When Apples Equal Oranges Like-Kind Exchanges

A taxpayer normally recognizes gain or loss realized on the sale or exchange of property. However, pursuant to Section 1031 of the tax code, there is no recognition of gain or loss on the exchange of property for like-kind property.

Like-kind property is property that is not a primary residence and that which is classified as an investment or used for business purposes. Like-kind property must be of the same nature or character rather than the same grade or quality. Exchanges of personal property must be nearly identical.

In this type of transaction, however, the taxpayer must hold both the property transferred and the property received, either for productive use in a trade or business, or for investment to qualify for the tax-free treatment.

Generally, the basis of property acquired in the exchange is - with certain modifications - the same as the basis of the property transferred. Since the old basis is substituted as the basis of the acquired property, there is in effect a deferral of the original gain until some time in the future when the acquired property is disposed of in a taxable transaction. If the like-kind exchange involves depreciable property, the acquired property will be depreciated based upon the substituted basis, which could result in lower depreciation deductions than the ones available if the property was purchased outright.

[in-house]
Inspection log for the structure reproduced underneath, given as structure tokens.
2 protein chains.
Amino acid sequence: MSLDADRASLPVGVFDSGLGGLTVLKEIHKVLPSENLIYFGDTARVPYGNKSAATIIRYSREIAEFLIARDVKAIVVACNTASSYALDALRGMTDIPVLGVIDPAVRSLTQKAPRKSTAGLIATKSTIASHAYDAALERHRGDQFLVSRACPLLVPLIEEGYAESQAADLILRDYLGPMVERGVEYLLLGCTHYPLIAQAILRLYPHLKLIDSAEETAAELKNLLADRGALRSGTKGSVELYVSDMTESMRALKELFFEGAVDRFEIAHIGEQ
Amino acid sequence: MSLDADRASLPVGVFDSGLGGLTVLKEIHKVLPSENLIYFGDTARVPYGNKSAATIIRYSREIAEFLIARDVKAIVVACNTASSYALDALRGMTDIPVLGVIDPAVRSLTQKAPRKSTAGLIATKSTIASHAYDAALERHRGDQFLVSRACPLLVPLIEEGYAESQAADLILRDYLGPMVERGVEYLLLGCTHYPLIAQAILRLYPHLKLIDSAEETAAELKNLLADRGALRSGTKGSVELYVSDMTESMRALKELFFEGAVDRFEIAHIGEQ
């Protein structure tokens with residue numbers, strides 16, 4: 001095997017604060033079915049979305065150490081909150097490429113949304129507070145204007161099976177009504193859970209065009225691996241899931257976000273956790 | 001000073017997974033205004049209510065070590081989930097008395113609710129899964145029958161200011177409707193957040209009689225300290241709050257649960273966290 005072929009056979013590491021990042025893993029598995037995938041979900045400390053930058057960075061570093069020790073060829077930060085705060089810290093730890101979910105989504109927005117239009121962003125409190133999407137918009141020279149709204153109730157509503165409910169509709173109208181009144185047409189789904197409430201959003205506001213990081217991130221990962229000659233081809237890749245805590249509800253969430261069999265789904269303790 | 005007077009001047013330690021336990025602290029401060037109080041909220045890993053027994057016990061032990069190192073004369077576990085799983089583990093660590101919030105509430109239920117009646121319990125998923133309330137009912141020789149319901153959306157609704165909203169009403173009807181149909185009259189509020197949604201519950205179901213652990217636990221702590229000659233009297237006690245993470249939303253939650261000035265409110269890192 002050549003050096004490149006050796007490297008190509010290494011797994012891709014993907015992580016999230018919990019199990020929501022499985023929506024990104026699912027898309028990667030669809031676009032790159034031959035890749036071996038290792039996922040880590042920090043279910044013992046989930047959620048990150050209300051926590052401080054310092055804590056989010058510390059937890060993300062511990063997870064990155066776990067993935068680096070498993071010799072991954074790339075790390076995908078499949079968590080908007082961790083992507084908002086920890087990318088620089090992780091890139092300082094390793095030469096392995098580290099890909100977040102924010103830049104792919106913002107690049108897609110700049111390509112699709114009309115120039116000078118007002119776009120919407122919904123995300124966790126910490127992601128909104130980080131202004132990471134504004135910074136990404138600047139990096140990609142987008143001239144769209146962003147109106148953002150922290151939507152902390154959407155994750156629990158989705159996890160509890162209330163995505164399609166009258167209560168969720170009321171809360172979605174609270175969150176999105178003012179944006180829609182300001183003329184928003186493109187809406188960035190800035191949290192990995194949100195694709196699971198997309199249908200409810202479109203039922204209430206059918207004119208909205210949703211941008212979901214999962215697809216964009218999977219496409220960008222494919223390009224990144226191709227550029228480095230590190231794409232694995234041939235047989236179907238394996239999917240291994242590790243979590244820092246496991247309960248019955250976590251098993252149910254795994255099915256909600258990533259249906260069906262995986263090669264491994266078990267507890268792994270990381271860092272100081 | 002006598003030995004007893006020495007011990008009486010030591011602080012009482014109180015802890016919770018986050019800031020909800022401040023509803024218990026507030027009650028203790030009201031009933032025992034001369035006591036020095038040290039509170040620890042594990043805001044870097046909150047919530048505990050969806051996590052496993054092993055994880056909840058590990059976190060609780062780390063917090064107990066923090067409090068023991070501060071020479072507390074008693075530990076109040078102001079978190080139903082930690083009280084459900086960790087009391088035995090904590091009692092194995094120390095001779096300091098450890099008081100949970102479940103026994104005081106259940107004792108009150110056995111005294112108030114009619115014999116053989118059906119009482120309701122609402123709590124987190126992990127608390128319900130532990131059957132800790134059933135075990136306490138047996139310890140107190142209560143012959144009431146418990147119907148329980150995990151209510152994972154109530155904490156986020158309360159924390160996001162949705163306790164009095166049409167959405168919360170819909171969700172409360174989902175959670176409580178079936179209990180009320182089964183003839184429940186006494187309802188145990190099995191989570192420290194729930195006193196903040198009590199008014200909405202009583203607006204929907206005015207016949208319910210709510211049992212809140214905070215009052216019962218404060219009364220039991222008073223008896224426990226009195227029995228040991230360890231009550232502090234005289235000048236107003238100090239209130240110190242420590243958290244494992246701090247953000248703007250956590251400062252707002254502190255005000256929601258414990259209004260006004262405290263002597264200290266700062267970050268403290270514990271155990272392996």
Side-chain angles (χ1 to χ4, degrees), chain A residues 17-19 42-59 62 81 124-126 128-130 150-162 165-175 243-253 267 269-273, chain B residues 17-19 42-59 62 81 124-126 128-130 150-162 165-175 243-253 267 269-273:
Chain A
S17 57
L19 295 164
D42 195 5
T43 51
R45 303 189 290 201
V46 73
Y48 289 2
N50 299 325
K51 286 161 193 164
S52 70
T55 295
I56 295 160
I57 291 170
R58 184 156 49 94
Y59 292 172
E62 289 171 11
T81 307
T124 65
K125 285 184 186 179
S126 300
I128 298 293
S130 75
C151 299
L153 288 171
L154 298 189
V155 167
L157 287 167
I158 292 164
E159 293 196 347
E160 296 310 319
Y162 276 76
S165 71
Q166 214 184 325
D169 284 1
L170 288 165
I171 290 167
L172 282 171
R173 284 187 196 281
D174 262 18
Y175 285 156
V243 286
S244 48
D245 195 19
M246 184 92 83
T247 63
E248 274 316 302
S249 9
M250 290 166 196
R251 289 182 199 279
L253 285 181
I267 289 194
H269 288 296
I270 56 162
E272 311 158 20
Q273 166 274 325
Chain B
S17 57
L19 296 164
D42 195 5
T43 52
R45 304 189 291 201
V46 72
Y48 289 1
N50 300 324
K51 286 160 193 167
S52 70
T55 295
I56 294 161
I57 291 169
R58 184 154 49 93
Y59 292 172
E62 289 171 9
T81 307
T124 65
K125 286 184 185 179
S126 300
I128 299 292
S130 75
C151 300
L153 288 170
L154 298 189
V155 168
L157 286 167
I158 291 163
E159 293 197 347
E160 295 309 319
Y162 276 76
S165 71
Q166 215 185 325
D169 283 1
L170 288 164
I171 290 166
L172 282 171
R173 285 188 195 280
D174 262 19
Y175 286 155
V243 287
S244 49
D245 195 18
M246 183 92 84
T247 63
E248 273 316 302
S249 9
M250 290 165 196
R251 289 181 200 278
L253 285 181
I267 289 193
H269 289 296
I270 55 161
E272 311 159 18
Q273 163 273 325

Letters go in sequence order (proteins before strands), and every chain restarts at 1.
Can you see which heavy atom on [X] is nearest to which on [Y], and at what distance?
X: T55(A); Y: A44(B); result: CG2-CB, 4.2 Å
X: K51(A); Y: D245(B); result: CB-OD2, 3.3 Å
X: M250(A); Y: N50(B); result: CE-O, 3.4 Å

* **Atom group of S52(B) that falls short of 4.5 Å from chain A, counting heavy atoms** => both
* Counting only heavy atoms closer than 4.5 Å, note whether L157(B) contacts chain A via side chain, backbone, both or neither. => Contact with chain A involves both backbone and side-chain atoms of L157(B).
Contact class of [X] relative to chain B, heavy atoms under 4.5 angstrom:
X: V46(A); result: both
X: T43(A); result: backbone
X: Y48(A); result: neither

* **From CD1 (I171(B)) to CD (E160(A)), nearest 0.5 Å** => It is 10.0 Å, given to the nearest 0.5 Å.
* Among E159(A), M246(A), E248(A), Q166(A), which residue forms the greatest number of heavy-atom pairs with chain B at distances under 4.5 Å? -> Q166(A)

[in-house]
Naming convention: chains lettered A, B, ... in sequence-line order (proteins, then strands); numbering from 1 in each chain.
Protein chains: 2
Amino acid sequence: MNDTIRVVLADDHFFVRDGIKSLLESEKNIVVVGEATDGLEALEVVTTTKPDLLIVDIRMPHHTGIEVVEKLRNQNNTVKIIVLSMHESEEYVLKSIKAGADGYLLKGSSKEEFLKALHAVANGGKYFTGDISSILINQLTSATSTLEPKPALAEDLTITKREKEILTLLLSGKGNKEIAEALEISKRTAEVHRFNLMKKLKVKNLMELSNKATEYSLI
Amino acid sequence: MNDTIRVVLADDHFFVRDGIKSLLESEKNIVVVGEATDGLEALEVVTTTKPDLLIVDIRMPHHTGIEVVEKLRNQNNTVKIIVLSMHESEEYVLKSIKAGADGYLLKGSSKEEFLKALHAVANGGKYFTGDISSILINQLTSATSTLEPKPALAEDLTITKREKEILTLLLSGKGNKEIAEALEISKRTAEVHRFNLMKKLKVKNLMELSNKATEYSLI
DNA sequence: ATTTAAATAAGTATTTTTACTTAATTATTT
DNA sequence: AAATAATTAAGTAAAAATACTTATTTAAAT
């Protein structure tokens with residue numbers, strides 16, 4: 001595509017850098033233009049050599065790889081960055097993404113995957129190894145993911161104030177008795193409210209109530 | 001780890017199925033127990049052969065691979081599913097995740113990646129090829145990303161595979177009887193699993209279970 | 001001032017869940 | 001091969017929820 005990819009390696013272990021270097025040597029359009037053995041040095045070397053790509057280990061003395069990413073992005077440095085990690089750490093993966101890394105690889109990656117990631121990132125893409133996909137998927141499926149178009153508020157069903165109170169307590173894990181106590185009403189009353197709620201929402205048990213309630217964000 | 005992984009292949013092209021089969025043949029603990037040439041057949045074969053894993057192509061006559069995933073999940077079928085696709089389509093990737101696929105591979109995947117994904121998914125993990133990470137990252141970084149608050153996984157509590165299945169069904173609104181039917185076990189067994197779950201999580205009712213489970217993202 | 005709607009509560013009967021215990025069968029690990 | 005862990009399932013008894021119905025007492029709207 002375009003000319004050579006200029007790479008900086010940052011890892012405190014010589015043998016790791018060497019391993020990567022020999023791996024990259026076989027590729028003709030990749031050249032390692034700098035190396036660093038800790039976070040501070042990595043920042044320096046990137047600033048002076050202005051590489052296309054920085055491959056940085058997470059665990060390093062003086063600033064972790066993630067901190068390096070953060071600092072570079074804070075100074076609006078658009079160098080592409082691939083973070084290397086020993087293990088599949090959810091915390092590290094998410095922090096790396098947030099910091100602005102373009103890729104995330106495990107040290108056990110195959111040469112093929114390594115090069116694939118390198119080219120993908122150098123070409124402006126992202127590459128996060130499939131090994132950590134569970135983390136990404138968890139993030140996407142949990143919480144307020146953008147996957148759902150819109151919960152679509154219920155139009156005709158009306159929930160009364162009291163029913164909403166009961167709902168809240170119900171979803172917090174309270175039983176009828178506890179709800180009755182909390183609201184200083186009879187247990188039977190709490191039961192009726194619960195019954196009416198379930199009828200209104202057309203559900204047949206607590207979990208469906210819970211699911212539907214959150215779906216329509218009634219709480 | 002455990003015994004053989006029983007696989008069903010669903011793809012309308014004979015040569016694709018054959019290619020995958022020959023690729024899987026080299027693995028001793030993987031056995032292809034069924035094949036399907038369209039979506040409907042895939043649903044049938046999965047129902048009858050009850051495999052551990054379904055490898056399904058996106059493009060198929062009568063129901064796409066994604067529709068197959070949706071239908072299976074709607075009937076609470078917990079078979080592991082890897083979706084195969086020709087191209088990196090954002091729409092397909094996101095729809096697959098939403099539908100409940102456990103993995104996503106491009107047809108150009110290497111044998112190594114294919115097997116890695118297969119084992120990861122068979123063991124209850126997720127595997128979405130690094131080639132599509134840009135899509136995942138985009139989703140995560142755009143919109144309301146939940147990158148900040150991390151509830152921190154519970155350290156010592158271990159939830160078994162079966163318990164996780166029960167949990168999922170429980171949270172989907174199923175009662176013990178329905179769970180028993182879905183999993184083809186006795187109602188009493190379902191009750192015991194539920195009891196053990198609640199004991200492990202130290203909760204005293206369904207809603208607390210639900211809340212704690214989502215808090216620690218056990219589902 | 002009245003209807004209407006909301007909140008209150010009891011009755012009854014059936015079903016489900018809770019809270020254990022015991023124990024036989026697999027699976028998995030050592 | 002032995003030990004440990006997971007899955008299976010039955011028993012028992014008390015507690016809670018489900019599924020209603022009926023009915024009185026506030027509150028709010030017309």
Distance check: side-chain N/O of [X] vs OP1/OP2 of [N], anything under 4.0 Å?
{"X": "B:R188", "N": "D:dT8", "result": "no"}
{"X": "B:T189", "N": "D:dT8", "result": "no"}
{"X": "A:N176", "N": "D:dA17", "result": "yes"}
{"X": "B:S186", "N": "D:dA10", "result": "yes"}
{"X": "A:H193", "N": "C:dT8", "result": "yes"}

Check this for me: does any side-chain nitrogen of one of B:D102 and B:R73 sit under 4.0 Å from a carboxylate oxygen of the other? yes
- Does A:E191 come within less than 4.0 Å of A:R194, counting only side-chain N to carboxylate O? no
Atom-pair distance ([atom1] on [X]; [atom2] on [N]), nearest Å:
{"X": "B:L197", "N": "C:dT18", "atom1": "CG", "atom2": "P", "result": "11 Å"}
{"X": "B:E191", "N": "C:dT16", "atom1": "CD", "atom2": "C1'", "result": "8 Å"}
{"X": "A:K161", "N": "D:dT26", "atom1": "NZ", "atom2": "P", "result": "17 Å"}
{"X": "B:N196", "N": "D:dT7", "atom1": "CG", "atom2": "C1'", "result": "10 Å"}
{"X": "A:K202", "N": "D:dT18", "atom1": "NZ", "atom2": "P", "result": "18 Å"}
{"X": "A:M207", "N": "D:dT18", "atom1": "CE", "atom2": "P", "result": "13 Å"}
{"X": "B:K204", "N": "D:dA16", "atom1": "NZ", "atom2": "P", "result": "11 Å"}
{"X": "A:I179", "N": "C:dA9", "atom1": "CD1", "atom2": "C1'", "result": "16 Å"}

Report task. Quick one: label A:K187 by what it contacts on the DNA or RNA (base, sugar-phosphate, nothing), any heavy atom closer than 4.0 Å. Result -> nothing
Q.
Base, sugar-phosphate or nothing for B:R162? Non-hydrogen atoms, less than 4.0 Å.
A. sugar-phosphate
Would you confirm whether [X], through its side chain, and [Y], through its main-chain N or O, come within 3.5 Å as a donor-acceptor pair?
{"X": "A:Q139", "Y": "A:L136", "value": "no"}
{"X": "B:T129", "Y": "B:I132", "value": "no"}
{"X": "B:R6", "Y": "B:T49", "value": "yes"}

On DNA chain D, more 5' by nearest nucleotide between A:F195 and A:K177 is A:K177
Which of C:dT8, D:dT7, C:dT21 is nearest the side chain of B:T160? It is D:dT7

Definition of Like-Kind Property

There are two ways that depreciable tangible personal property can satisfy the like-kind requirement. An exchange for property of a like-kind, e.g. a truck for a truck, or an exchange within the same general Asset Class or Product Class (as defined by the tax code regulations), are permitted. Other personal property must be exchanged for like-kind property in order to qualify for the nonrecognition provision. A like-kind exchange could be consummated with a condominium apartment, a single- or multi-dwelling family house, or even a co-op, but there might be some restrictions in doing so under state law and co-op transactions are subject to board approval.

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